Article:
Photoaversion, or light-induced interference with visual comfort and performance, has been a recognised but poorly documented symptom in retinitis pigmentosa (RP). We found that a majority of our RP patients complained of photoaversion even in the absence of significant cataract. RP patients had reduced contrast sensitivity relative to normal people, but the decrement in their visual performance as a result of glare or photostress was only slight. RP patients had raised short-term adaptation and increment threshold levels, but their rate of short-term or photopic adaptation was normal. Photoaversion in RP may result because a small interference with contrast sensitivity or adaptation can place patients in a range of functional disability, or it may derive from a combination of minor aberrations.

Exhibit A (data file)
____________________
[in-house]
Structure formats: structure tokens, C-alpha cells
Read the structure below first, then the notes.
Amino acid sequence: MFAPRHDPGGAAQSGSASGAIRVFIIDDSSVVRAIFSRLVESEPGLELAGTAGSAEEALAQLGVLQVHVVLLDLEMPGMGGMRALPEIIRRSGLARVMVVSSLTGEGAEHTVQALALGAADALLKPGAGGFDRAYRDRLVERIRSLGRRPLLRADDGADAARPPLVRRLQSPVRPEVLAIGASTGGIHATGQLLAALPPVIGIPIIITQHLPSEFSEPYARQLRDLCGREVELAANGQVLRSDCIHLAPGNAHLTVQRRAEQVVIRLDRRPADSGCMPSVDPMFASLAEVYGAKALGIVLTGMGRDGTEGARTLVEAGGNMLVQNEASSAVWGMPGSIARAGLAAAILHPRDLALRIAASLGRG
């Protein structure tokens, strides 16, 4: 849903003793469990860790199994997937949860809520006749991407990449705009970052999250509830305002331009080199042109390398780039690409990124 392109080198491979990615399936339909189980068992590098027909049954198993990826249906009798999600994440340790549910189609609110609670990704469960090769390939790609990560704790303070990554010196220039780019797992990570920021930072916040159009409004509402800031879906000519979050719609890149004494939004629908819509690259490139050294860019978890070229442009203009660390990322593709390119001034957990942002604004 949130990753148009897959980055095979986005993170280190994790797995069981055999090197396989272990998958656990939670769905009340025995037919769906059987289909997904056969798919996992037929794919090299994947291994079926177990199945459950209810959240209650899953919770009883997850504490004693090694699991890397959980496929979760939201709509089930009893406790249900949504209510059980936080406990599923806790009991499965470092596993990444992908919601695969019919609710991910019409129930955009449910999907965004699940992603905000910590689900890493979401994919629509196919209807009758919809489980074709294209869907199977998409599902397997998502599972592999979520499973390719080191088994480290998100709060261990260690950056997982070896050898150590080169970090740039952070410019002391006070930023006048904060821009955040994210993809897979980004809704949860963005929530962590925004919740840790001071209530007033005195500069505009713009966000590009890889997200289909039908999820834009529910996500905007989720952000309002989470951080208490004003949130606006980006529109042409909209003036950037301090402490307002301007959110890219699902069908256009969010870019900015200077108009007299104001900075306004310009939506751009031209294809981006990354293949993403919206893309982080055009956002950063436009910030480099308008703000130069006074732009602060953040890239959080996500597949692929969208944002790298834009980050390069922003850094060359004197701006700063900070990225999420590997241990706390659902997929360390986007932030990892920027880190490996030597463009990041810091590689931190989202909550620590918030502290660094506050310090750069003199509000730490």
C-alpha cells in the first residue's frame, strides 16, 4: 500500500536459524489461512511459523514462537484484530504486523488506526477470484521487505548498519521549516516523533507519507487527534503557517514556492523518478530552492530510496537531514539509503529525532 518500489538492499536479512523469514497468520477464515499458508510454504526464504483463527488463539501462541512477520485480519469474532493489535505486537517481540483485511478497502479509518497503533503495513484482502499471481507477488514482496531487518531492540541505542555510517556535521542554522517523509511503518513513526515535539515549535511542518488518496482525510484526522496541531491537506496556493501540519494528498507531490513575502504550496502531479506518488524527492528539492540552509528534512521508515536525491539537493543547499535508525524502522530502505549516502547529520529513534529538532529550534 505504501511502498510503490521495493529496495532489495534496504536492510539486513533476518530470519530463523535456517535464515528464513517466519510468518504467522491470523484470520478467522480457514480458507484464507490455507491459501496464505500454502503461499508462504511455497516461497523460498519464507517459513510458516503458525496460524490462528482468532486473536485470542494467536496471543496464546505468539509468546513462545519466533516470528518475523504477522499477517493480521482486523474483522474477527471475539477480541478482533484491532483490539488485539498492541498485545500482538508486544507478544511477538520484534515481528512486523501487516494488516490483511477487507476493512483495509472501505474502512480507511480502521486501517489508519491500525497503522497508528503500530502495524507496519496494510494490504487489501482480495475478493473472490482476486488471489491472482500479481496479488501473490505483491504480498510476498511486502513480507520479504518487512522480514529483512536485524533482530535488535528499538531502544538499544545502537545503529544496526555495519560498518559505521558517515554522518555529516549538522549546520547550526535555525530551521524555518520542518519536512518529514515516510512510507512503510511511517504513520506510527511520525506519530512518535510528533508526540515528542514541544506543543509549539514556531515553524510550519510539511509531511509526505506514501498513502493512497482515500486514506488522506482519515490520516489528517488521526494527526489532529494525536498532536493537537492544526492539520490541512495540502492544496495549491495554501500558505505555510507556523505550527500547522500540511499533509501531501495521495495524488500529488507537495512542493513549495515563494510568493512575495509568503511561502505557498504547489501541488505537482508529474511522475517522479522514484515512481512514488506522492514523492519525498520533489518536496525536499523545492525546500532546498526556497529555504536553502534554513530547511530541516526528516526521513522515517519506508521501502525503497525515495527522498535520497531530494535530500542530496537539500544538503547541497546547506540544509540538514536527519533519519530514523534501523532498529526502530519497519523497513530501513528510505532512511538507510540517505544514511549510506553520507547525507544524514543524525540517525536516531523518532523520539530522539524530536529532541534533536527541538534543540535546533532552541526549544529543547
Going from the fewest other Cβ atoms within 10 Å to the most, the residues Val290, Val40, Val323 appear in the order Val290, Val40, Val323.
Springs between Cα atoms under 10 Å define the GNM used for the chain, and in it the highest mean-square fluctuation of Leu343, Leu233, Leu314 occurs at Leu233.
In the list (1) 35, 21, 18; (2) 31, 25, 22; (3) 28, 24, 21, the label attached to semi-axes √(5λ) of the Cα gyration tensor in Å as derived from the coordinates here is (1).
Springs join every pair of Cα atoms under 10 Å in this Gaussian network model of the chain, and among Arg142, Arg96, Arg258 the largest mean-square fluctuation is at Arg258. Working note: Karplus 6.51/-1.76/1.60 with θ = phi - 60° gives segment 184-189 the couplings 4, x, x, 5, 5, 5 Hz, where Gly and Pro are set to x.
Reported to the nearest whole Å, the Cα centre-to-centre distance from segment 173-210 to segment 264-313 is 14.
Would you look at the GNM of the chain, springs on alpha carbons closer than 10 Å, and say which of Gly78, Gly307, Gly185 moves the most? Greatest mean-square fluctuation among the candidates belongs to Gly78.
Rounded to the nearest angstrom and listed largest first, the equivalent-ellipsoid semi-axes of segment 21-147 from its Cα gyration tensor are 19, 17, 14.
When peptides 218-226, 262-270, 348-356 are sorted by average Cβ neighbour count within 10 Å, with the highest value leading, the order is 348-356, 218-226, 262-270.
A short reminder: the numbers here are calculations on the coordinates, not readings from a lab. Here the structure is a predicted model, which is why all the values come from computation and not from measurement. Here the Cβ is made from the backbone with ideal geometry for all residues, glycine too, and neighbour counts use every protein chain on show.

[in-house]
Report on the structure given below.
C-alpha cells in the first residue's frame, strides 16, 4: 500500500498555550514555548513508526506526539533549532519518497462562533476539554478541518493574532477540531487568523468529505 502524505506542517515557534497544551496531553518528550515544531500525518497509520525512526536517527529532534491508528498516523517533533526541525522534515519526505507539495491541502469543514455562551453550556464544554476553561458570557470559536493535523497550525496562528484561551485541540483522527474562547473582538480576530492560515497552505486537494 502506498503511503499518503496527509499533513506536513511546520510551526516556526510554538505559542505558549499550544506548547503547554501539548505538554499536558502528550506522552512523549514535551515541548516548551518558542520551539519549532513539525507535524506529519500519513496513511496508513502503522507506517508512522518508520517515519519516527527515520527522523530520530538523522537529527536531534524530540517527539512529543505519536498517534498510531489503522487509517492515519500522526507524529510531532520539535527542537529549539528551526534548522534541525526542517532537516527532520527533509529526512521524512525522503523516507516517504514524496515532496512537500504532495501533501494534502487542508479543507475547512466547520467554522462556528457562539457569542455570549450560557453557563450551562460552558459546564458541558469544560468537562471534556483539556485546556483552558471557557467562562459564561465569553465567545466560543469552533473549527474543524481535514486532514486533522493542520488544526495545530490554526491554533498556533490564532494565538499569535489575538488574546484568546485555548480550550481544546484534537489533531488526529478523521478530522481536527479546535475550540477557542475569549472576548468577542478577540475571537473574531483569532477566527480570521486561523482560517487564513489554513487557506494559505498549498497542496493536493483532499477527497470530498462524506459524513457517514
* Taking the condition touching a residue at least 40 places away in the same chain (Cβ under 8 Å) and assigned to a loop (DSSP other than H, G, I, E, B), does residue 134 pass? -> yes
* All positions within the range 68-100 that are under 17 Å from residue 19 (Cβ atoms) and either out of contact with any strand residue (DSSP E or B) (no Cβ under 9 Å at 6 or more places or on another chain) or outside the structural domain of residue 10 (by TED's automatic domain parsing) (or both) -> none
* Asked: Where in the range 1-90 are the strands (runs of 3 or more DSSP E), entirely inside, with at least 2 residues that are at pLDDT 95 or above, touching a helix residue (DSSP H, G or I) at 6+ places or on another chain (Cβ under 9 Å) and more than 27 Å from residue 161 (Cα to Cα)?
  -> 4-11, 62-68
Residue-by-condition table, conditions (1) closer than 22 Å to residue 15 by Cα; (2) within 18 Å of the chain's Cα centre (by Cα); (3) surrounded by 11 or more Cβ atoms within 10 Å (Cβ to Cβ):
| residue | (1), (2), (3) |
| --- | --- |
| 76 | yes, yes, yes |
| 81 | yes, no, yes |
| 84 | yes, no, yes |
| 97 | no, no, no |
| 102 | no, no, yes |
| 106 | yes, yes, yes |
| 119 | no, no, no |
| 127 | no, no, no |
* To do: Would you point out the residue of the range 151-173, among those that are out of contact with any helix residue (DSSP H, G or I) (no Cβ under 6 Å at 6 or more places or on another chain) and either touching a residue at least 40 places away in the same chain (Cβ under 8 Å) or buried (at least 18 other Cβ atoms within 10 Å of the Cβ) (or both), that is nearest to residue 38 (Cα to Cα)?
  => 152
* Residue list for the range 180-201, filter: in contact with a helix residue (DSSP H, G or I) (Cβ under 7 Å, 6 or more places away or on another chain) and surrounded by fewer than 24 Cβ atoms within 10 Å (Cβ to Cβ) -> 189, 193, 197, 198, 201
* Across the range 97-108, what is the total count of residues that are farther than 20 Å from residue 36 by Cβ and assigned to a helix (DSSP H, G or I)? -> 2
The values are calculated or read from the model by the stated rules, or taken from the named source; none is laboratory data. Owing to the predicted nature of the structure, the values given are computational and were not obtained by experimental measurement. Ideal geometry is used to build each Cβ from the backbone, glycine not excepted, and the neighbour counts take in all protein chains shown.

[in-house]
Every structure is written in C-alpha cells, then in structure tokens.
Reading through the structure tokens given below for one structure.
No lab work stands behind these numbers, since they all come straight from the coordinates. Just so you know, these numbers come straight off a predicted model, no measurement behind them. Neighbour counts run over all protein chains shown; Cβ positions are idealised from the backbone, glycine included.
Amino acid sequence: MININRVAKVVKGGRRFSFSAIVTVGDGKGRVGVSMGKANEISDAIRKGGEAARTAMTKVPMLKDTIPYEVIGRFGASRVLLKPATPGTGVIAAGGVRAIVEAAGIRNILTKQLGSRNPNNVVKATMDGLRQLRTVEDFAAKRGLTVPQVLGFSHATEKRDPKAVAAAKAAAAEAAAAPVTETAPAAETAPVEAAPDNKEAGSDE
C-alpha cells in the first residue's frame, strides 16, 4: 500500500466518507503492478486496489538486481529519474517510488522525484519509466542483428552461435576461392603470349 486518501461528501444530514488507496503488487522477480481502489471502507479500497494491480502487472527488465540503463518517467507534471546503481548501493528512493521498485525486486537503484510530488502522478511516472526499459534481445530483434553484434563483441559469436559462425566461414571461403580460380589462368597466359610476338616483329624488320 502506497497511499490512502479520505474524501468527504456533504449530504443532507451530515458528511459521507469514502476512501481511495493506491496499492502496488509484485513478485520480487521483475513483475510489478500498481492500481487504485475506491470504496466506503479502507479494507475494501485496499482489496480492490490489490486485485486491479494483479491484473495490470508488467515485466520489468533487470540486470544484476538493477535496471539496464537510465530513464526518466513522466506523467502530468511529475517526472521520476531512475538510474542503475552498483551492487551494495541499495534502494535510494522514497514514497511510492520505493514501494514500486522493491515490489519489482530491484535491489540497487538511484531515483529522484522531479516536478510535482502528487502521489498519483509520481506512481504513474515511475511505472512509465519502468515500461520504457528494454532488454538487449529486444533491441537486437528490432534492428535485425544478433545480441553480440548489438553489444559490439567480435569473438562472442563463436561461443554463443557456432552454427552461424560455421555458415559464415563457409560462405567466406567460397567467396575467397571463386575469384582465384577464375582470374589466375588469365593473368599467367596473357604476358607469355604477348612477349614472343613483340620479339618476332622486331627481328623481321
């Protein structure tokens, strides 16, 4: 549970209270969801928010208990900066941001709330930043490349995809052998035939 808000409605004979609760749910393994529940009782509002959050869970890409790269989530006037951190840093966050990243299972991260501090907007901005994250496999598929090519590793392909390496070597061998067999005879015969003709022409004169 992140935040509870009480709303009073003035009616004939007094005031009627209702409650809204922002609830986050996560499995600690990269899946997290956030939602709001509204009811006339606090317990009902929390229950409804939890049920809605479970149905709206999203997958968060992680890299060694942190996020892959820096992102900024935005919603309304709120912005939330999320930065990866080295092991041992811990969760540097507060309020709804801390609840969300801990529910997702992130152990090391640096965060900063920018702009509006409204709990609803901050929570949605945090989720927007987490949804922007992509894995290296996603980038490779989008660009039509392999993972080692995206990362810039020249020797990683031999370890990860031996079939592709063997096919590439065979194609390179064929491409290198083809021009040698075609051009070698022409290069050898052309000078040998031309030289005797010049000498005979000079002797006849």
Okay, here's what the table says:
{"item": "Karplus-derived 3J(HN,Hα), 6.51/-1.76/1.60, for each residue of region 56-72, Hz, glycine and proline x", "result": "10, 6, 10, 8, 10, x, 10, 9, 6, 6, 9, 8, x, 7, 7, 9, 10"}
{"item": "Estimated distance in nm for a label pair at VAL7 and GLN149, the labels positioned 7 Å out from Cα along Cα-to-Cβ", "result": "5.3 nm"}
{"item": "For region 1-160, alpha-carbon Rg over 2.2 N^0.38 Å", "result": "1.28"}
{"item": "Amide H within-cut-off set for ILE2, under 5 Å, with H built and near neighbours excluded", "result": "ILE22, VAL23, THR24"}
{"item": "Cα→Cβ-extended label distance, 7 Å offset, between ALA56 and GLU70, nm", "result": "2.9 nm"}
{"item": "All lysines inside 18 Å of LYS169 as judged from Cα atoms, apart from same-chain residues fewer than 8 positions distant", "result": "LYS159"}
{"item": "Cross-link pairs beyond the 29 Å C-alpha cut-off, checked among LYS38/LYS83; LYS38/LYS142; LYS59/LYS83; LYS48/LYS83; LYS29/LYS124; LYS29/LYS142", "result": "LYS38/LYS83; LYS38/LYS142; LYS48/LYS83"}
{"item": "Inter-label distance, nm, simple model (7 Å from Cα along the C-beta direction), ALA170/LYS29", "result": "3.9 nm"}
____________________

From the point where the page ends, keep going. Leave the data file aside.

Statistics from Altmetric.com
If you wish to reuse any or all of this article please use the link below which will take you to the Copyright Clearance Center’s RightsLink service. You will be able to get a quick price and instant permission to reuse the content in many different ways.